She stands extremely close to the mechitzah — the partition that separates the men and women as they dance — wondering whose bright idea it was to separate the sexes during the wedding. When she decides that the moment is right, she moves quickly, fueled by her conviction that she knows best.
Before anyone can stop her, she rips down the mechitzah, dismisses those who implore her to honor the bride and groom’s wishes, and pulls the couples toward one another, motioning for them to dance together.
The rebellion spreads like fire over coals, and soon most of the men and women are dancing together. She gently brushes past the bride and dances with the groom herself. Nothing is going to stop her from dancing with her grandson at his wedding.
She didn’t escape the Islamic Revolution, endure 50 years of a stable but loveless marriage, hold together a traumatized family in the United States and demand that all of her grandchildren marry Jews but not become “too religious” — just to stand on the sidelines at her grandson’s wedding.
I like Persians, but I love Persian grandmothers, especially those who are so out of their element in this country that it’s taken them 40 years to accept the fact that rice cookers are real things.
I’m referring to the grandmothers who would rather poke out their eyes with rusty kabob skewers than add tofu to their Persian stews in order to accommodate one “enlightened” granddaughter; the ones who still remember what pre-Passover chametz purification was like in Iran, where they had to open pillows and clean the feathers, slowly chip away at a giant block of solid turmeric because kosher for Passover spices weren’t sold in stores, or wash heavy Persian rugs in a nearby stream until their bulging veins were as blue as the azure fabric.
These are the women who gloriously cook everything in oil and salt while their daughters (my mother’s generation) use some terrible product called “nonstick spray” and very little salt, because our mothers have become dangerously empowered by healthy living in this country.
These are the women who have seen everything, who married before they could be considered adults, who endured childbirth without epidurals, set their tables the night before so no one would suspect that they were fleeing Iran in the morning and who continue to hope that even one of their American-born grandchildren will ask them to share their stories about Iran during Shabbat family dinners.
These women know more than we do because they’ve seen more than we have. And they won’t listen to anyone.
In truth, I’m not sure I want to live in a world where Persian grandmothers follow the rules or defer to anyone else — including their husbands.
Are they all like this? Absolutely not. But I adore the ones who are.
My maternal grandmother was a menace. I spent my childhood with her in Iran, and I’ve never seen anyone rub her skin to such a healthy, fire-red glow with a hard piece of pumice as that woman did in the shower. The way that my grandmother would attack her skin — in the name of Godliness and cleanliness — was simultaneously charming and awful but when it was my turn to take a shower, she would toss the pumice and use her warm, loving hands on my back and face in a way that made me feel sublimely secure and adored.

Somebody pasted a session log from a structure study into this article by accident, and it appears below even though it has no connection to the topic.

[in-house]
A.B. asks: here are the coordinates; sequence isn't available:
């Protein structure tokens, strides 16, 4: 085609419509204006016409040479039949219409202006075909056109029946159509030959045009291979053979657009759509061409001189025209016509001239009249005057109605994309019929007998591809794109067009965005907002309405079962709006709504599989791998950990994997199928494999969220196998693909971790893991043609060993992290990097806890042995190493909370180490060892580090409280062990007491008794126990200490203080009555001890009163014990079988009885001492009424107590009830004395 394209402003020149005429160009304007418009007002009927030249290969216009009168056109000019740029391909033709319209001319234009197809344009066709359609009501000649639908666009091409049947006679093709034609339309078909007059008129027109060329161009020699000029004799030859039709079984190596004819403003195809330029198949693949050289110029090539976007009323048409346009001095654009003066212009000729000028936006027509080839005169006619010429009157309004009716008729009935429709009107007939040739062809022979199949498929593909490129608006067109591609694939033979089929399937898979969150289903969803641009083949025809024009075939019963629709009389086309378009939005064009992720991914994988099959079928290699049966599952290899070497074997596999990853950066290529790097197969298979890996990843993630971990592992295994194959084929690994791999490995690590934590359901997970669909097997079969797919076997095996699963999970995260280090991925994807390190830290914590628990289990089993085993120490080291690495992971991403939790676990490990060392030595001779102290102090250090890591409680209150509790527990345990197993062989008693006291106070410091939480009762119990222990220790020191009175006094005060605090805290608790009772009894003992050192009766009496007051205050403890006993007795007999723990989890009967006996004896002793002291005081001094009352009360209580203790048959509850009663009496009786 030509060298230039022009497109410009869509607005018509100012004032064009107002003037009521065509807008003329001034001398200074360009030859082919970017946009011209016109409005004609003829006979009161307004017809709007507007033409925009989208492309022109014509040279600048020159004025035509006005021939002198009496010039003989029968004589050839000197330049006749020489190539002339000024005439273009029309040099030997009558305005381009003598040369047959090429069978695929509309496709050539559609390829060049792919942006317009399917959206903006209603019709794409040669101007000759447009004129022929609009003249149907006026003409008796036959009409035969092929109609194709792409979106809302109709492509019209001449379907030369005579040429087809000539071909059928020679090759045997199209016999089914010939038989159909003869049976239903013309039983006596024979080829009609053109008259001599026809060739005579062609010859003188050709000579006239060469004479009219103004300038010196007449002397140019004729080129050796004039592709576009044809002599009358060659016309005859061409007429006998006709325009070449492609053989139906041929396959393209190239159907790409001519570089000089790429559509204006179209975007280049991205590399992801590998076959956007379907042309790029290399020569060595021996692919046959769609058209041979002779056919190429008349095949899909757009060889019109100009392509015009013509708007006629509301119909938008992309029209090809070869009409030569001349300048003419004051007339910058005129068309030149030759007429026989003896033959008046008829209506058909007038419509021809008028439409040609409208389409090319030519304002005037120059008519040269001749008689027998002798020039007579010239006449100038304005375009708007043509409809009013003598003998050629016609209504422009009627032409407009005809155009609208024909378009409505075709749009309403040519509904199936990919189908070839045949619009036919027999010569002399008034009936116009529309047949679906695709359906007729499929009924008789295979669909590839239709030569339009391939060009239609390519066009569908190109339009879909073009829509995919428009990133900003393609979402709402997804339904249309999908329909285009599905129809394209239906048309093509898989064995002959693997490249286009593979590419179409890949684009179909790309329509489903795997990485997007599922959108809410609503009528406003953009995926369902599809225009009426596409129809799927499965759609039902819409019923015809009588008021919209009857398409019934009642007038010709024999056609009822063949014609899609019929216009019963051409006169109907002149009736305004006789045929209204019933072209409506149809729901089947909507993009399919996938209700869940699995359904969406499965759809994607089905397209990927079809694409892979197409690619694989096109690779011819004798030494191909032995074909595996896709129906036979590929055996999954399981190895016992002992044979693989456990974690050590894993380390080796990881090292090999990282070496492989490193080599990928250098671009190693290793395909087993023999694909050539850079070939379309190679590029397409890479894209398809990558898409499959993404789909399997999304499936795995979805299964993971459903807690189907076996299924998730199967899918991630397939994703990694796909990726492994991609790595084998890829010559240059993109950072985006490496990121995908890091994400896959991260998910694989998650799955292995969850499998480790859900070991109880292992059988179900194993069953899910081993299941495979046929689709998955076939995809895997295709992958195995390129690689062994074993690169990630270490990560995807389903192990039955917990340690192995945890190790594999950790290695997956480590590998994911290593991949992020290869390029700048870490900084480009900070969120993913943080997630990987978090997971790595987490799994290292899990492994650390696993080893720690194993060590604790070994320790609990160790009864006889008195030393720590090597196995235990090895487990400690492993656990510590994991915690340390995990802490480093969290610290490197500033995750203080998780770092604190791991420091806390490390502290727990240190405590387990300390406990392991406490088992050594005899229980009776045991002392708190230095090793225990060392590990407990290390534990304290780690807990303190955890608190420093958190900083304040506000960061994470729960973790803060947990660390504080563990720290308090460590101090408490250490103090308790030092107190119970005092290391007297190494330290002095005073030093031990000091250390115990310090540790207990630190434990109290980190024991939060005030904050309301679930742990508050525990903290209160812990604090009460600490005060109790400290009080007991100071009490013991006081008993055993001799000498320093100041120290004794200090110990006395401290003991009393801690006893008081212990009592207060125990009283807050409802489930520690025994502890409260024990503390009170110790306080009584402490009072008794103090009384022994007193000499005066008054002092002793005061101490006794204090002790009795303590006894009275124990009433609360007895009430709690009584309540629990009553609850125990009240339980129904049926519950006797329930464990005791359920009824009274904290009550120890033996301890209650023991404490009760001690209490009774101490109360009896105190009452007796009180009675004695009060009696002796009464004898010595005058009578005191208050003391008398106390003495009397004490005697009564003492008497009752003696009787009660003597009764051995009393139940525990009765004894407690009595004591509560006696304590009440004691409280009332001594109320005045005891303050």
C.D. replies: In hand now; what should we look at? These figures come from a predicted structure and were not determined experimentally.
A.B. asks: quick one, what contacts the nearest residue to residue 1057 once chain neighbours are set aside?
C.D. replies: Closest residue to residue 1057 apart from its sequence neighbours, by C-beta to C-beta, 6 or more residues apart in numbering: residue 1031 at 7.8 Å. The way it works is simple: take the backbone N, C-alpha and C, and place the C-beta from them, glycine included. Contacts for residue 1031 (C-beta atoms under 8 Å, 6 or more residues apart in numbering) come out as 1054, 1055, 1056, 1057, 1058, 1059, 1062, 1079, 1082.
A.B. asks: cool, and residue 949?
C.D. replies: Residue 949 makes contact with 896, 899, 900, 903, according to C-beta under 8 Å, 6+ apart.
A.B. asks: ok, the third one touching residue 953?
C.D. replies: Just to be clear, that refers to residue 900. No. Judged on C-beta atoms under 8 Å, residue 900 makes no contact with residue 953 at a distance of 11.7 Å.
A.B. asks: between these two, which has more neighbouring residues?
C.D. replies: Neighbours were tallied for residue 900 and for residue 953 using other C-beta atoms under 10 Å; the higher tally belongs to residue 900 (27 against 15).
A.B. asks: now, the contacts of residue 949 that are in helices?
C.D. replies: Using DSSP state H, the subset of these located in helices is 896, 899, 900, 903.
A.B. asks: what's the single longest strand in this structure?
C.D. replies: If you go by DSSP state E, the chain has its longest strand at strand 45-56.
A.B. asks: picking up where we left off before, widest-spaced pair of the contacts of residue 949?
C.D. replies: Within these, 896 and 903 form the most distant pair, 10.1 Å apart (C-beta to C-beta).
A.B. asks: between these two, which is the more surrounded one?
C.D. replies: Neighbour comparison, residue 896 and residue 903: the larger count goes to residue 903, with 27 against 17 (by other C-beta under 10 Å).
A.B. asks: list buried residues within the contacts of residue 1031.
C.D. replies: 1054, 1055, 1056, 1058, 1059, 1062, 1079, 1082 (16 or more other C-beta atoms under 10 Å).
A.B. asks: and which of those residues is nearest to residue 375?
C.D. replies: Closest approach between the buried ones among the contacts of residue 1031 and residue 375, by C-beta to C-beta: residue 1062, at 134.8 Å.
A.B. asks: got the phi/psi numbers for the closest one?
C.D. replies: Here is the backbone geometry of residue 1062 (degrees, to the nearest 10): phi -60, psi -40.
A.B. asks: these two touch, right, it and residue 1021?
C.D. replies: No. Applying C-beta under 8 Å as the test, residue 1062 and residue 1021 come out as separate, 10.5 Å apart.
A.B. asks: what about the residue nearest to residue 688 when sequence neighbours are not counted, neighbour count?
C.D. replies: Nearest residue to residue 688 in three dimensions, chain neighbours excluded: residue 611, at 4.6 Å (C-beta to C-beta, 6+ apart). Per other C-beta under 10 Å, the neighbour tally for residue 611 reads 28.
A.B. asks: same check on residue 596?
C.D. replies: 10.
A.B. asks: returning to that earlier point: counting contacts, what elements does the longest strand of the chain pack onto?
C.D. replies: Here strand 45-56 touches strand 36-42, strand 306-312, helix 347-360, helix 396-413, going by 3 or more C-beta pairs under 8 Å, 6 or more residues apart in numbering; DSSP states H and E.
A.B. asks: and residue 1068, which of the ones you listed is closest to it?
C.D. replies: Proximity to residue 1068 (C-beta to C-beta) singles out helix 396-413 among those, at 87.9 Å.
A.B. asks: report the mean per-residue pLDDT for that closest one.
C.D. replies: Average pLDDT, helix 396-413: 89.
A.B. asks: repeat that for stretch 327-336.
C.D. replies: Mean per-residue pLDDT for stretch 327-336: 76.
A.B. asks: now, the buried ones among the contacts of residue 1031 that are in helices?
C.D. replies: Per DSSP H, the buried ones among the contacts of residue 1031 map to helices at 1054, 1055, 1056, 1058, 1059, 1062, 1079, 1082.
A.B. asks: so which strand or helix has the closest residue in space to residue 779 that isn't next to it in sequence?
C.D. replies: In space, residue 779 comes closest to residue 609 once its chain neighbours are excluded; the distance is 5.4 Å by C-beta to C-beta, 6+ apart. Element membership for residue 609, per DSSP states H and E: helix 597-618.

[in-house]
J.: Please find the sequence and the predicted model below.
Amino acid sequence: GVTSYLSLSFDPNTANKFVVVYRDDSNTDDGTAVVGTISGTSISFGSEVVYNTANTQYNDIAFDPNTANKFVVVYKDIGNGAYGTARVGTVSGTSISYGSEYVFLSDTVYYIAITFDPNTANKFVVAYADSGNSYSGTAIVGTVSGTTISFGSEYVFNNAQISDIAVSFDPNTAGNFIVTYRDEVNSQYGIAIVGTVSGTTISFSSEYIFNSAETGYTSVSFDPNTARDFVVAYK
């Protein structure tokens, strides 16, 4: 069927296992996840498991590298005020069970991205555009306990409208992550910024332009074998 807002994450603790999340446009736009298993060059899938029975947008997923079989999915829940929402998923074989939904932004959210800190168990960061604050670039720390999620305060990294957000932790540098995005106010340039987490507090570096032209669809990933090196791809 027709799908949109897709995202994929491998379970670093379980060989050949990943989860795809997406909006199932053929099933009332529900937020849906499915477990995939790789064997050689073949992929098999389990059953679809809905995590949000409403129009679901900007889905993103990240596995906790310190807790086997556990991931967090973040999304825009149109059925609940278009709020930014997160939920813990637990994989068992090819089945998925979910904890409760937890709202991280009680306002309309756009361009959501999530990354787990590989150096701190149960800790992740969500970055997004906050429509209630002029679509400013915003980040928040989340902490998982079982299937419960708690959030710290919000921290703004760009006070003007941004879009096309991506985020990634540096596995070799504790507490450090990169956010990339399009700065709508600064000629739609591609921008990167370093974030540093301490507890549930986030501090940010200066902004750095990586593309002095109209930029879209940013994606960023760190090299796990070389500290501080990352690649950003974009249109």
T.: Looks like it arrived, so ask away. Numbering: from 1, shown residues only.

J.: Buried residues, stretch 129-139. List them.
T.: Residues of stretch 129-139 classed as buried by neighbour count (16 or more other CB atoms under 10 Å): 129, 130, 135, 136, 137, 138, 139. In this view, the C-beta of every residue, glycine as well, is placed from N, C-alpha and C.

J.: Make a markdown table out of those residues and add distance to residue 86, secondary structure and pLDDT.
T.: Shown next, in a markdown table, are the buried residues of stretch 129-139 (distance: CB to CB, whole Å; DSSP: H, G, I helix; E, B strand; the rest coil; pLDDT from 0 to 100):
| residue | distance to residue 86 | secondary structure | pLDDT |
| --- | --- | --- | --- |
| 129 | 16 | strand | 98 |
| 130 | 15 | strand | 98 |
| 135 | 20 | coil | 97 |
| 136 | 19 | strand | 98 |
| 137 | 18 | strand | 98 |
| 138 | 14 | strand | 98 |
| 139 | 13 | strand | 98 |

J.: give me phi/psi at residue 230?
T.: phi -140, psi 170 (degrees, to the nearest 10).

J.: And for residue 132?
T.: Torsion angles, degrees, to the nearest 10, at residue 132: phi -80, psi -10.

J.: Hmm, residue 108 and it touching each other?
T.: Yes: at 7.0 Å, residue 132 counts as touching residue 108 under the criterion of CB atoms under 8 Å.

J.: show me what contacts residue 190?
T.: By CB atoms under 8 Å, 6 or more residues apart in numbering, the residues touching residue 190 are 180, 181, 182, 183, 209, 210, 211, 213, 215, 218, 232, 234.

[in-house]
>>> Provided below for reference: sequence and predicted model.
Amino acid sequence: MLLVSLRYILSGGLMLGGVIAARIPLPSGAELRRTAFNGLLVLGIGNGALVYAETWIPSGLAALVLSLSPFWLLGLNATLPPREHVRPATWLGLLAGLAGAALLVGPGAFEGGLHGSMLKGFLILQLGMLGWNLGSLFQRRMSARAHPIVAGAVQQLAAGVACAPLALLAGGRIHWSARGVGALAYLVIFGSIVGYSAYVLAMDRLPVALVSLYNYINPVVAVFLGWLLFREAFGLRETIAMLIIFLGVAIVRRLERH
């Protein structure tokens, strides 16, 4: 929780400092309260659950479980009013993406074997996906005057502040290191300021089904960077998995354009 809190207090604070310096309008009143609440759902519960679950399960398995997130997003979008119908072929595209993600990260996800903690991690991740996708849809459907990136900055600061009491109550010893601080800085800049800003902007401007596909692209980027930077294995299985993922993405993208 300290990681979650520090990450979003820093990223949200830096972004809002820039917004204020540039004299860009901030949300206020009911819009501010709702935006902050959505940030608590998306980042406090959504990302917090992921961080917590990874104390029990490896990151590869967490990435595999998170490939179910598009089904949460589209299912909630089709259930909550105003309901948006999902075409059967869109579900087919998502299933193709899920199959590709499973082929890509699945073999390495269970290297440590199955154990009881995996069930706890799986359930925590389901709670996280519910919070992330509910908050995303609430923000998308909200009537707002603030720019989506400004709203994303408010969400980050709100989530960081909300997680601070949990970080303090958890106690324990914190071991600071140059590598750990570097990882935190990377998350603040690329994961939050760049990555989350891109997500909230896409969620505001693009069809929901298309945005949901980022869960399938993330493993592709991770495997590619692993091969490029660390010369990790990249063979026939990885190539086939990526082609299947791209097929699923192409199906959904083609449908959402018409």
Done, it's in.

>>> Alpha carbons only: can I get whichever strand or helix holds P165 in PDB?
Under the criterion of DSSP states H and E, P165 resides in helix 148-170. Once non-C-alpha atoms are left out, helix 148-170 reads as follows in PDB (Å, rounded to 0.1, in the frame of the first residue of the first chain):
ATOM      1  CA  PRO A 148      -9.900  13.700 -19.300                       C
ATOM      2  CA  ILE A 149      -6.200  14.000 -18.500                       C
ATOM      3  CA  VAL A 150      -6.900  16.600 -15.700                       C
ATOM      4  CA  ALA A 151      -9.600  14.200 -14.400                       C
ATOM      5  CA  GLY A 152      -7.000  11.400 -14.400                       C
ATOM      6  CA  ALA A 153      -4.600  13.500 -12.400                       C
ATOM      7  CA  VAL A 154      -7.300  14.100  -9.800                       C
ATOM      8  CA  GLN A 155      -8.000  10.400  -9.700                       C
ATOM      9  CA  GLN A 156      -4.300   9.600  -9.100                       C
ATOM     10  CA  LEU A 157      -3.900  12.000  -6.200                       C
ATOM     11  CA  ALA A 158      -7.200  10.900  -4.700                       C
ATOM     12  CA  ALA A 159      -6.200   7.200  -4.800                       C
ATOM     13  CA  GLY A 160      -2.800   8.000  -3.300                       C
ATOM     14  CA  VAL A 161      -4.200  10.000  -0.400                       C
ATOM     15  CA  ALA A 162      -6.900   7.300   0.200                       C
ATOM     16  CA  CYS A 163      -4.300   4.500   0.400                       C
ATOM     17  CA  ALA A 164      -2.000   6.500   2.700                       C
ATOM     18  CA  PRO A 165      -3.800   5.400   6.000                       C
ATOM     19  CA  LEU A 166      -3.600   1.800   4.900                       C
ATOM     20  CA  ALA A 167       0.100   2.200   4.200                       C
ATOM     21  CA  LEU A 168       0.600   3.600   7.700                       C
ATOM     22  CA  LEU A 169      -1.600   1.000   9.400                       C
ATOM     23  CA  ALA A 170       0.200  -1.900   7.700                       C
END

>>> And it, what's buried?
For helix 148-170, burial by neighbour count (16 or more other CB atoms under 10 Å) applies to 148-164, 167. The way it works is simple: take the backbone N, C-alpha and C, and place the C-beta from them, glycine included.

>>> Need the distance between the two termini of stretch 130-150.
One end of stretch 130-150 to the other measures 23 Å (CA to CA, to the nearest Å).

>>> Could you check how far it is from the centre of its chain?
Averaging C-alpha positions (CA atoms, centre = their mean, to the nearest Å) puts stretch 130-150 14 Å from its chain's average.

“I like Persians, but I love Persian grandmothers.“
I’ve been loved by old, rigid Persian women; I’ve been taught by them, inspired by them and even yelled at by them. I’ve also grieved for them, but only from abroad. I wasn’t able to attend either of my grandmothers’ funerals.
My maternal grandmother — the pumice aficionado — died in Israel decades after escaping Iran. My paternal grandmother, in whose chunky arms I would abandon all worry and doze off to the smell of cumin and fried onions that lingered in her blouse — died in Iran, and we never saw her again after we escaped.
There’s no doubt in my mind that had my grandmothers lived to attend my 2014 wedding in Los Angeles, one of them would have pulled down the mechitzah (if we’d had one) and the other would have asked to speak with the Persian caterer because no one had salted the eggplant stew.
I always wished that at least one of my grandmothers had been able to accompany me to the mikveh, or ritual bath, days before my wedding. Nervous and cold, I slowly walked into the warm water and, for some odd reason, felt as though my heart was beating thump thump to two syllables, sounding out the name, “Le-ah, Le-ah.”
Some time afterward, my mother had a routine surgery, and I wanted to pray for her recovery using a Hebrew name.
“Mom, do you even have a Hebrew name?” I asked, since I’d never heard any reference of it.
“I’m named after your grandmother,” she responded while seated at my table, eating bites of feta cheese.
“You’re named Iran?!” I cried. That was my maternal grandmother’s Persian name.
“I’m named Leah,” she responded while trying to hide the cheese from my slightly husky father. “That was your grandmother’s Hebrew name.”
“I’ve never heard about this!” I exclaimed, feeling slightly ashamed. “And what was my great-grandmother’s name?” She had died in Iran long before I was born.
At that point, my mother and father got into an argument over whether he should eat the cheese or stick to a healthier Persian cucumber. She won the quarrel, and holding the last piece of cheese in her vindicated hand, said, “Your great-grandmother? Oh, she was named Leah, too.”
The hairs under my lip, which I had tried dying blond since middle school, stood up straight.
“God bless her soul, I never did see anyone nearly scrub their skin off as your grandmother used to do,” my mother said. And then, looking down at the piece of cheese, she scowled and added, “This feta has too much salt!”
Tabby Refael is a Los Angeles-based writer.